Memories of Jane Cunningham Croly, "Jenny June"

Memories of Jane Cunningham Croly, "Jenny June"

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The Project Gutenberg EBook of Memories of Jane Cunningham Croly, "Jenny June", by VariousThis eBook is for the use of anyone anywhere at no cost and with almost no restrictions whatsoever. You may copy it,give it away or re-use it under the terms of the Project Gutenberg License included with this eBook or online atwww.gutenberg.netTitle: Memories of Jane Cunningham Croly, "Jenny June"Author: VariousRelease Date: April 21, 2004 [EBook #12099]Language: English*** START OF THIS PROJECT GUTENBERG EBOOK JANE CUNNINGHAM ***Produced by Ari J Joki and PG Distributed ProofreadersCaroline M. Morse, editorJANE CUNNINGHAM CROLY "JENNY JUNE"1904[Illustration: Portrait][Illustration: Facsimile of signature "With sincere affection yours-ever J.C. Croly"] Memories of Jane Cunningham Croly "Jenny June"TO THE GENERAL FEDERATION OF WOMEN'S CLUBS IN AMERICA THIS BOOK ISAFFECTIONATELY DEDICATEDBYTHE WOMAN'S PRESS CLUBOF NEW YORK CITYForewordOn January 6, 1902, a Memorial Meeting was called by Sorosis jointly with the Woman's Press Club of New York City,and a month later the Press Club formally authorized the preparation of a Memorial Book to its Founder and continuousPresident to the day of her death, Jane Cunningham Croly.In addition to a biographical sketch to be prepared by her brother, the Rev. John Cunningham, this book, so it wasplanned, should contain such letters, or excerpts from letters, ...

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The Project Gutenberg EBook of Memories of Jane
Cunningham Croly, "Jenny June", by Various
This eBook is for the use of anyone anywhere at
no cost and with almost no restrictions whatsoever.
You may copy it, give it away or re-use it under the
terms of the Project Gutenberg License included
with this eBook or online at www.gutenberg.net
Title: Memories of Jane Cunningham Croly, "Jenny
June"
Author: Various
Release Date: April 21, 2004 [EBook #12099]
Language: English
*** START OF THIS PROJECT GUTENBERG
EBOOK JANE CUNNINGHAM ***
Produced by Ari J Joki and PG Distributed
Proofreaders
Caroline M. Morse, editor
JANE CUNNINGHAM CROLY "JENNY JUNE"1904
[Illustration: Portrait]
[Illustration: Facsimile of signature
"With sincere affection
yours-ever
J.C. Croly"]
Memories of
Jane Cunningham Croly
"Jenny June"
TO THE GENERAL FEDERATION OF
WOMEN'S CLUBS IN AMERICA THIS
BOOK IS AFFECTIONATELY DEDICATED
BY
THE WOMAN'S PRESS CLUB
OF NEW YORK CITY
ForewordOn January 6, 1902, a Memorial Meeting was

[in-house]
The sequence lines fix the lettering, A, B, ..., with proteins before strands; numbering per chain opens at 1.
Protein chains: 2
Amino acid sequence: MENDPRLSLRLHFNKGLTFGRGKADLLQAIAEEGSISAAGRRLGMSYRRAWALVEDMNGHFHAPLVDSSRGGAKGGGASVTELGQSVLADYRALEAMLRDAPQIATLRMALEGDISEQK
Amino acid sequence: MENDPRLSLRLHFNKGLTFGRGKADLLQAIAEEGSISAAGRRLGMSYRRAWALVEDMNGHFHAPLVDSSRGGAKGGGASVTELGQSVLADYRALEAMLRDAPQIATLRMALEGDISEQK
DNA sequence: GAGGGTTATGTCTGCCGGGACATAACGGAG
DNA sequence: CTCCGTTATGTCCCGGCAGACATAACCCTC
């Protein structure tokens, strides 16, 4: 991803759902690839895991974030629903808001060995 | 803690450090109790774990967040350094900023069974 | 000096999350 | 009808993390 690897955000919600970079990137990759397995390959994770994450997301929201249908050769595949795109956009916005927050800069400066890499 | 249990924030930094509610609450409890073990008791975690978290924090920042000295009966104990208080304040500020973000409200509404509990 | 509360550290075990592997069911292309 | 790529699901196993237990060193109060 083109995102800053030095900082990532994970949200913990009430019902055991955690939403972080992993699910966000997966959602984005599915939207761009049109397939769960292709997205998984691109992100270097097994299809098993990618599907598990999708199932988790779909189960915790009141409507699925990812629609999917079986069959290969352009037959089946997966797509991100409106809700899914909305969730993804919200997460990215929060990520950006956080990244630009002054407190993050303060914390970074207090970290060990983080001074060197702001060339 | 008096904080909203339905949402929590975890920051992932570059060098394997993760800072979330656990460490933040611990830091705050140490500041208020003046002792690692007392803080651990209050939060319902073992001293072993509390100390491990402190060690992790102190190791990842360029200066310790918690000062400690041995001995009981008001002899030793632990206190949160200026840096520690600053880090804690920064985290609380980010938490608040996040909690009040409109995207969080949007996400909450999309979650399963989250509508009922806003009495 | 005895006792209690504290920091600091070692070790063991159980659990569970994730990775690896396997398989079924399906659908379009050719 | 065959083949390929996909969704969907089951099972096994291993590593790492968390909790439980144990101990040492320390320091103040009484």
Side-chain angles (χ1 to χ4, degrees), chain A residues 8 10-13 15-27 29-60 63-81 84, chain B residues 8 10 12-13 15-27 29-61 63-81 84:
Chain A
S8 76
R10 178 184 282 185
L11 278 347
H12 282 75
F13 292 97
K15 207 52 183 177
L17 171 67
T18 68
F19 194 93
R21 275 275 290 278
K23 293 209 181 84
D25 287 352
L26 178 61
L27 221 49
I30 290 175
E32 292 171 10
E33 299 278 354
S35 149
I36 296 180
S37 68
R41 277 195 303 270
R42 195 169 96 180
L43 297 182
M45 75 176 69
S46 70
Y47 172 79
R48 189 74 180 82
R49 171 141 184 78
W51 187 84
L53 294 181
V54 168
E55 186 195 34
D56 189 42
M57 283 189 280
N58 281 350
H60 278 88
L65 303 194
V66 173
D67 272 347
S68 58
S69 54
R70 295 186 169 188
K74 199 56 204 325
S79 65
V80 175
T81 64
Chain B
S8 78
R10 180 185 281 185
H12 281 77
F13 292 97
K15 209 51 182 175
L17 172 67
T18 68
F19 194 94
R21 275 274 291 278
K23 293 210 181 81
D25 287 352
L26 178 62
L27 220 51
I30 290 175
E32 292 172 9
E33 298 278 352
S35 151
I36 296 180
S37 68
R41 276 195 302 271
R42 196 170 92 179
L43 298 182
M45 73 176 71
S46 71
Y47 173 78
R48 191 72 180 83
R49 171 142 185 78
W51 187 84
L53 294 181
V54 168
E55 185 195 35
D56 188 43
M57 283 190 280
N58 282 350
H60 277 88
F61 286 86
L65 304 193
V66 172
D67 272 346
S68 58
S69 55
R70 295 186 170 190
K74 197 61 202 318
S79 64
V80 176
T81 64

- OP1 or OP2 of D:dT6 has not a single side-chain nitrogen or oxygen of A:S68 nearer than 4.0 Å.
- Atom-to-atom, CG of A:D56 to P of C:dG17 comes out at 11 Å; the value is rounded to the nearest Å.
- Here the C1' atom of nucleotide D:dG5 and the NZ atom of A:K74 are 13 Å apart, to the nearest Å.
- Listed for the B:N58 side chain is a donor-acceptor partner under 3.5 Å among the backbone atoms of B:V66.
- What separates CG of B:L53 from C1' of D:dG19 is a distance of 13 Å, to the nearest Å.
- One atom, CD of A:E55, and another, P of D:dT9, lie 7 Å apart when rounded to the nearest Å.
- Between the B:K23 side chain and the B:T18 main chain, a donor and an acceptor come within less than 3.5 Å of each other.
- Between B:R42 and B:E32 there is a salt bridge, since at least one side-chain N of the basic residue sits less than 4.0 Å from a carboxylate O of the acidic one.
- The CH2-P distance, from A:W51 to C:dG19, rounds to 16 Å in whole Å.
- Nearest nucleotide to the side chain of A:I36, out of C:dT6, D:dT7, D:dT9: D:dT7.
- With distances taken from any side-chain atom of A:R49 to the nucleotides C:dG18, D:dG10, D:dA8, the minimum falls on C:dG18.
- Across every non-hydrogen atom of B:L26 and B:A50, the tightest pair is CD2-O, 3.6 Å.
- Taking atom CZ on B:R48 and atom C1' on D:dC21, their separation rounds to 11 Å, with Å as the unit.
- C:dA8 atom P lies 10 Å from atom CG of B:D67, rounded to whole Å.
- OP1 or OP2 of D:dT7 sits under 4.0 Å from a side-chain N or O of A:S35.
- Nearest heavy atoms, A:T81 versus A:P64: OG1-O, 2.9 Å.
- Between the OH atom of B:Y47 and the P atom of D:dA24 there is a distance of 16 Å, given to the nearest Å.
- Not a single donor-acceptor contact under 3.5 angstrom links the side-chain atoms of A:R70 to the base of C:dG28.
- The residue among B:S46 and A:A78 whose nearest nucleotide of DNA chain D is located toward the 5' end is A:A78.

called by Sorosis jointly with the Woman's Press
Club of New York City, and a month later the Press
Club formally authorized the preparation of a
Memorial Book to its Founder and continuous
President to the day of her death, Jane
Cunningham Croly.
In addition to a biographical sketch to be prepared
by her brother, the Rev. John Cunningham, this
book, so it was planned, should contain such
letters, or excerpts from letters, as would illustrate
her lovable personality and her life philosophy.
A Committee of Publication was appointed,
consisting of Mrs. Caroline M. Morse, Chairman,
Mrs. Mary Coffin Johnson, Mrs. Haryot Holt Dey,
Mrs. Miriam Mason Greeley, Miss Anna Warren
Story and Mrs. Margaret W. Ravenhill. These
began their work by sending a printed slip to club
members and to Mrs. Croly's known intimates,
asking for her letters. But the response came
almost without variation: "My letters from Mrs.
Croly are of too personal a nature for publication."
A few, however, were freely offered, and these it
was decided should be used, depending for the
bulk of the Memorial upon copious extracts from
Mrs. Croly's "History of the Woman's Club
Movement in America," from her editorial work on
The Cycle, and from her miscellaneous writings. To
this characteristic material her long cherished
friends, Mr. and Mrs. Thaddeus B. Wakeman,
added an account of the "Positivist Episode," that
objective point in her career, with which herhusband was closely identified.
With these are: Mrs. Croly's Club Life, a sketch by
Mrs. Haryot Holt Dey; the Sorosis-Press Club
Memorial Meeting; the Resolutions of the Woman's
Press Club of New York City, the General
Federation of Clubs, and the Society of American
Women in London; tributes from London
clubwomen; Essays and Addresses; Letters and
Stray Leaves and Notes, written by Mrs. Croly;
tributes from many of her friends, and my own
recollections.
CAROLINE M. MORSE,
Chairman.
Contents
"JENNY JUNE."—Ethel Morse
A BROTHER'S MEMORIES.—John Cunningham,
D.D.
SOROSIS-PRESS CLUB MEMORIAL MEETING
ADDRESSES:
Dimies T.S. Denison
Charlotte B. Wilbour
Phebe A. Hanaford
Orlena A. Zabriskie
Carrie Louise Griffin
Cynthia Westover Alden May Riley Smith
Fanny Hallock Carpenter
RESOLUTIONS AND TRIBUTES FROM CLUBS: